Though Carolina Beach is arguably best known as a fun-filled vacation destination, hence the well-earned nickname “Pleasure Island,” both the town itself and the surrounding Cape Fear area are fine spots to pick up a little area education. From remote island destinations that are prime representations of the local coastal habitats, to cool museums and historic residences where the local history comes to life, there’s a lot to discover in this culturally rich section of the North Carolina coastline.
Get your area education off to a jump start by ensuring that these key Cape Fear destinations are on your vacation itinerary.
The 761 acre Carolina Beach State Park is an inherently wild educational destination, thanks to miles of hiking and walking trails that cut through a wide array of uniquely natural environments, including shrub thickets, salt marshes and wetlands, and maritime forest. Take a self-guided exploration to discover an array of local wildlife – including the park’s famed collection of carnivorous plants – or sign up for a park ranger-led program to uncover even more about the local ecosystems. With kayaking expeditions, nature hikes, birdwatching, and many more sessions available, it’s easy to cater to a natural inclination at this expansive and engaging park.
Located just north of the Carolina Beach town borders, Freeman Park represents a popular yet undeveloped slice of coastal shoreline that’s easy to get to and explore. Pick up a daily driving pass and cruise down the beach in your 4WD vehicle to explore a network of breezy shorelines, local shorebirds, and great shelling and fishing. The northern tip of the park that borders Carolina Beach Inlet is a great spot to discover a series of varying environments, thanks to both sound and ocean-facing beaches, and sightseers will also be treated to panoramic water views that are simply out of this world.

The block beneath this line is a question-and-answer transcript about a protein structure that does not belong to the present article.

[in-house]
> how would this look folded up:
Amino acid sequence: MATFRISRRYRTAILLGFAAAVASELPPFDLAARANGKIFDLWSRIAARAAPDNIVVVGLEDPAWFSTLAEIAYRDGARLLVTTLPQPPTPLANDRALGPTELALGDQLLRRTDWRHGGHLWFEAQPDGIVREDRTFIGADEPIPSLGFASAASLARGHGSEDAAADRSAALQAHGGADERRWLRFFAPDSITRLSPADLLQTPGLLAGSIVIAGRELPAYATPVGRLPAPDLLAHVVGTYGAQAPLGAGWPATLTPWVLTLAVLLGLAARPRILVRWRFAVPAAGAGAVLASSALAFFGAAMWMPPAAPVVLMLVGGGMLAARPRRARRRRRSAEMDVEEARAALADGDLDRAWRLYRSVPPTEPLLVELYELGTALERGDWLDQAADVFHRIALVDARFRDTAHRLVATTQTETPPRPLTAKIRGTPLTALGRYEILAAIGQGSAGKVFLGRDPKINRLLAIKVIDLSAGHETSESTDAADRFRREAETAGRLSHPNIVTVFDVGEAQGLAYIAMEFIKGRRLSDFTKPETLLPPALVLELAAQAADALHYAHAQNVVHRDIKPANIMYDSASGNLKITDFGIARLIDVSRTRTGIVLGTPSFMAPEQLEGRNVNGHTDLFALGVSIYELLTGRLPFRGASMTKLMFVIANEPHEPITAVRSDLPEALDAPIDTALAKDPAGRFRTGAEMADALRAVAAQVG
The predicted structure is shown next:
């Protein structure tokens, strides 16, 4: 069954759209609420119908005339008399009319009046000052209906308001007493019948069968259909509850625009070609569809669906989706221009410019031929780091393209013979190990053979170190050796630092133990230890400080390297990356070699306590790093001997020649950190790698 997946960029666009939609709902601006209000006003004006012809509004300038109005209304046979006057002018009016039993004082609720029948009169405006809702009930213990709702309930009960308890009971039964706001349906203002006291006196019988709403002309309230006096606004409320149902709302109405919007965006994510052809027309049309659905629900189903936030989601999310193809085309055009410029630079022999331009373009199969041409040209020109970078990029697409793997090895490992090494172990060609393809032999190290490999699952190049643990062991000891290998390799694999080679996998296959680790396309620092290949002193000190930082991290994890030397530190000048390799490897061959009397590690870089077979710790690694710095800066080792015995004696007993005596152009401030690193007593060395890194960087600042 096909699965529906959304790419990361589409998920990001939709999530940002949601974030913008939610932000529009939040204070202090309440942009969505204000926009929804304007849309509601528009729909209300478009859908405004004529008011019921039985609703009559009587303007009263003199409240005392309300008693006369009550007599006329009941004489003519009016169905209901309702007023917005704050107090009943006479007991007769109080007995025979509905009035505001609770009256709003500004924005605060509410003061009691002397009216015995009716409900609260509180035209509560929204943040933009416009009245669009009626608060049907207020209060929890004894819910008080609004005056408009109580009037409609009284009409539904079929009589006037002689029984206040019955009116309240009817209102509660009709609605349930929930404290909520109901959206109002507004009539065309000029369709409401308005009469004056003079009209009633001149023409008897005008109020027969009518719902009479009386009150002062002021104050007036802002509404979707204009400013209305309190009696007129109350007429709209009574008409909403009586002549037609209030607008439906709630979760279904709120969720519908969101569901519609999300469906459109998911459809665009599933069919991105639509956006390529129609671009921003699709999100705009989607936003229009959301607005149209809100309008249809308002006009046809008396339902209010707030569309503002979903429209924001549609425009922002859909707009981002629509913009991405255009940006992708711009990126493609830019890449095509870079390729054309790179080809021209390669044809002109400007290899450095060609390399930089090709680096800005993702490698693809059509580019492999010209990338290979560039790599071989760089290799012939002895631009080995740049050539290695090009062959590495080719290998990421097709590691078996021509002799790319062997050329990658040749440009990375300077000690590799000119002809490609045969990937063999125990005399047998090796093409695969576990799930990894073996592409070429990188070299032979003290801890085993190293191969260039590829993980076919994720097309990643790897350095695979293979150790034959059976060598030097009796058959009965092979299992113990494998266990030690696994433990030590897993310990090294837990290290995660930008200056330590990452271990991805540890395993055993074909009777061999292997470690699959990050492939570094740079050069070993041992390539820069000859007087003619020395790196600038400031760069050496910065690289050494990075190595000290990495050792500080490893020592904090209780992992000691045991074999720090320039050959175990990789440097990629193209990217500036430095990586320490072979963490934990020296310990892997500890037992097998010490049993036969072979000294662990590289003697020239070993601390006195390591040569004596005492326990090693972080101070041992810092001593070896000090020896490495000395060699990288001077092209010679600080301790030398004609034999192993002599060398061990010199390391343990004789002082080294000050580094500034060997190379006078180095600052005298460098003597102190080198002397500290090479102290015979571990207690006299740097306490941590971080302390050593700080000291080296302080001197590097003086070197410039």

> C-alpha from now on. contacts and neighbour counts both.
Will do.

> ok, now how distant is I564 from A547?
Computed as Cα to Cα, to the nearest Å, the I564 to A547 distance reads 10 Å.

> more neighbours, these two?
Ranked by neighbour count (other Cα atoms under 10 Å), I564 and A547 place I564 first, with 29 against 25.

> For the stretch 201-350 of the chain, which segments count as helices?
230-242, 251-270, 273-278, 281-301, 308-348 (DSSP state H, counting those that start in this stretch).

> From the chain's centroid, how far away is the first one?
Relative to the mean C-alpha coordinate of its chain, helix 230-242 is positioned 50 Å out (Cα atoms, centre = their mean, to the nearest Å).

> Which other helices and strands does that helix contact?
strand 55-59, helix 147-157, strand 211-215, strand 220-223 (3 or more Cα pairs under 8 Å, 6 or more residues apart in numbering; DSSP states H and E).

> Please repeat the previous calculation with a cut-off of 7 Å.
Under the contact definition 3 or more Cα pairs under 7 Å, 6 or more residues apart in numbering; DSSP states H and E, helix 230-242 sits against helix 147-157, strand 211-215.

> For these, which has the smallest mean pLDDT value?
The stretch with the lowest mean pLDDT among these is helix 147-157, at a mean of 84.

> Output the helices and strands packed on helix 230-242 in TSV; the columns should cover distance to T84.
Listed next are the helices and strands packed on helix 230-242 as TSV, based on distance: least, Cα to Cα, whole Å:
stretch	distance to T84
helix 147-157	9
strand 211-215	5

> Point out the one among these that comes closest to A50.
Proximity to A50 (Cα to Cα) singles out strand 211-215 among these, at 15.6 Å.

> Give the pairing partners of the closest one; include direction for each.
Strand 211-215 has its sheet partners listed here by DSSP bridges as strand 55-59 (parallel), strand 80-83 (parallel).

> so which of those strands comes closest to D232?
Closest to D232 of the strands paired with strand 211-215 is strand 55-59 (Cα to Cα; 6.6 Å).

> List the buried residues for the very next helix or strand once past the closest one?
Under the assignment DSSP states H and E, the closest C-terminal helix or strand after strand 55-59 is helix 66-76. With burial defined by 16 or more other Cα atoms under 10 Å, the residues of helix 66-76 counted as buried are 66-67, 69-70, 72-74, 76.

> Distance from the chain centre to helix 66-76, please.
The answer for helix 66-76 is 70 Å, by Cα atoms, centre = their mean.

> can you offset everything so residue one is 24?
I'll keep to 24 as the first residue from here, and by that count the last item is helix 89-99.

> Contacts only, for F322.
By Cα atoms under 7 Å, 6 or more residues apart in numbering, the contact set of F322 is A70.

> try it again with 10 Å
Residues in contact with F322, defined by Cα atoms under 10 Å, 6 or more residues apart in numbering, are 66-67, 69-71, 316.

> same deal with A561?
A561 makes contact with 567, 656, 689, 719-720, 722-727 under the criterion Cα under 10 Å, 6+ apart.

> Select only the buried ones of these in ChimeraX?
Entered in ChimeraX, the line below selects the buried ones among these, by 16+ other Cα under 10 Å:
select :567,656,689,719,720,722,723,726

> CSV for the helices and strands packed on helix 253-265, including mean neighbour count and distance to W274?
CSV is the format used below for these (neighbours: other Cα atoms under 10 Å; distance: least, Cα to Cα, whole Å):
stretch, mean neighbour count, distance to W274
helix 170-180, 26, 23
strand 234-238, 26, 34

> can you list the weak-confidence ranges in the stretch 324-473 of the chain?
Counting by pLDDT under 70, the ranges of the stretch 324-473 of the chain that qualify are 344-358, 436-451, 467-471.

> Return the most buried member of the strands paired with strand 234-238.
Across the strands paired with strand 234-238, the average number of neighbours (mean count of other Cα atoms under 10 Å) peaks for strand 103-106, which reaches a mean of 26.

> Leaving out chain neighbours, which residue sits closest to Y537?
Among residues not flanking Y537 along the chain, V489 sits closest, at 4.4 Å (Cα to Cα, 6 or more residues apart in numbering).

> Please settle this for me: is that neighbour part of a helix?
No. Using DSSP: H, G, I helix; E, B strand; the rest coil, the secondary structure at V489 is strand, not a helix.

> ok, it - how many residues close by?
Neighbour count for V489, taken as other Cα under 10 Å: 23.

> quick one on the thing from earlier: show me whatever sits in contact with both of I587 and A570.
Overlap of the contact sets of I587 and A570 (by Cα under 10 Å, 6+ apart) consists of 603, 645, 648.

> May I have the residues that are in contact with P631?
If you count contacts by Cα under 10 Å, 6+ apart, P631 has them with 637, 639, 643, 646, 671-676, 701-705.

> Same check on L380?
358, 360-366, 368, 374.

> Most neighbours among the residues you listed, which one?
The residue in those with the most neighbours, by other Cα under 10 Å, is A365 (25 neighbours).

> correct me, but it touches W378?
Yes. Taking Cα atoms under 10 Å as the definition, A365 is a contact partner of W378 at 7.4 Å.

The Mansonboro Island Reserve is the largest component of the NC Coastal Reserve and National Estuarine Research Reserve system, and is also the largest undisturbed barrier island in the southern portion of the North Carolina coast. As a result, it’s a great spot to discover a world of distinctive coastal habitats, which includes tidal flats, hard surfaces, salt marshes, shrub thicket, maritime forest, grasslands, sand dunes, dredge spoil areas, and ocean beaches. Take a paddle or cruise over to the island, (which is only accessible by boat), for a self-guided exploration, or plan a guided expedition via one of the many tour companies that launch from Carolina Beach and Wrightsville Beach. With a network of rustic hiking trails that cut through the island landscape, there’s ample opportunities to discover the abundant wildlife on this island that can range from common shorebirds to rare loggerhead sea turtle nests.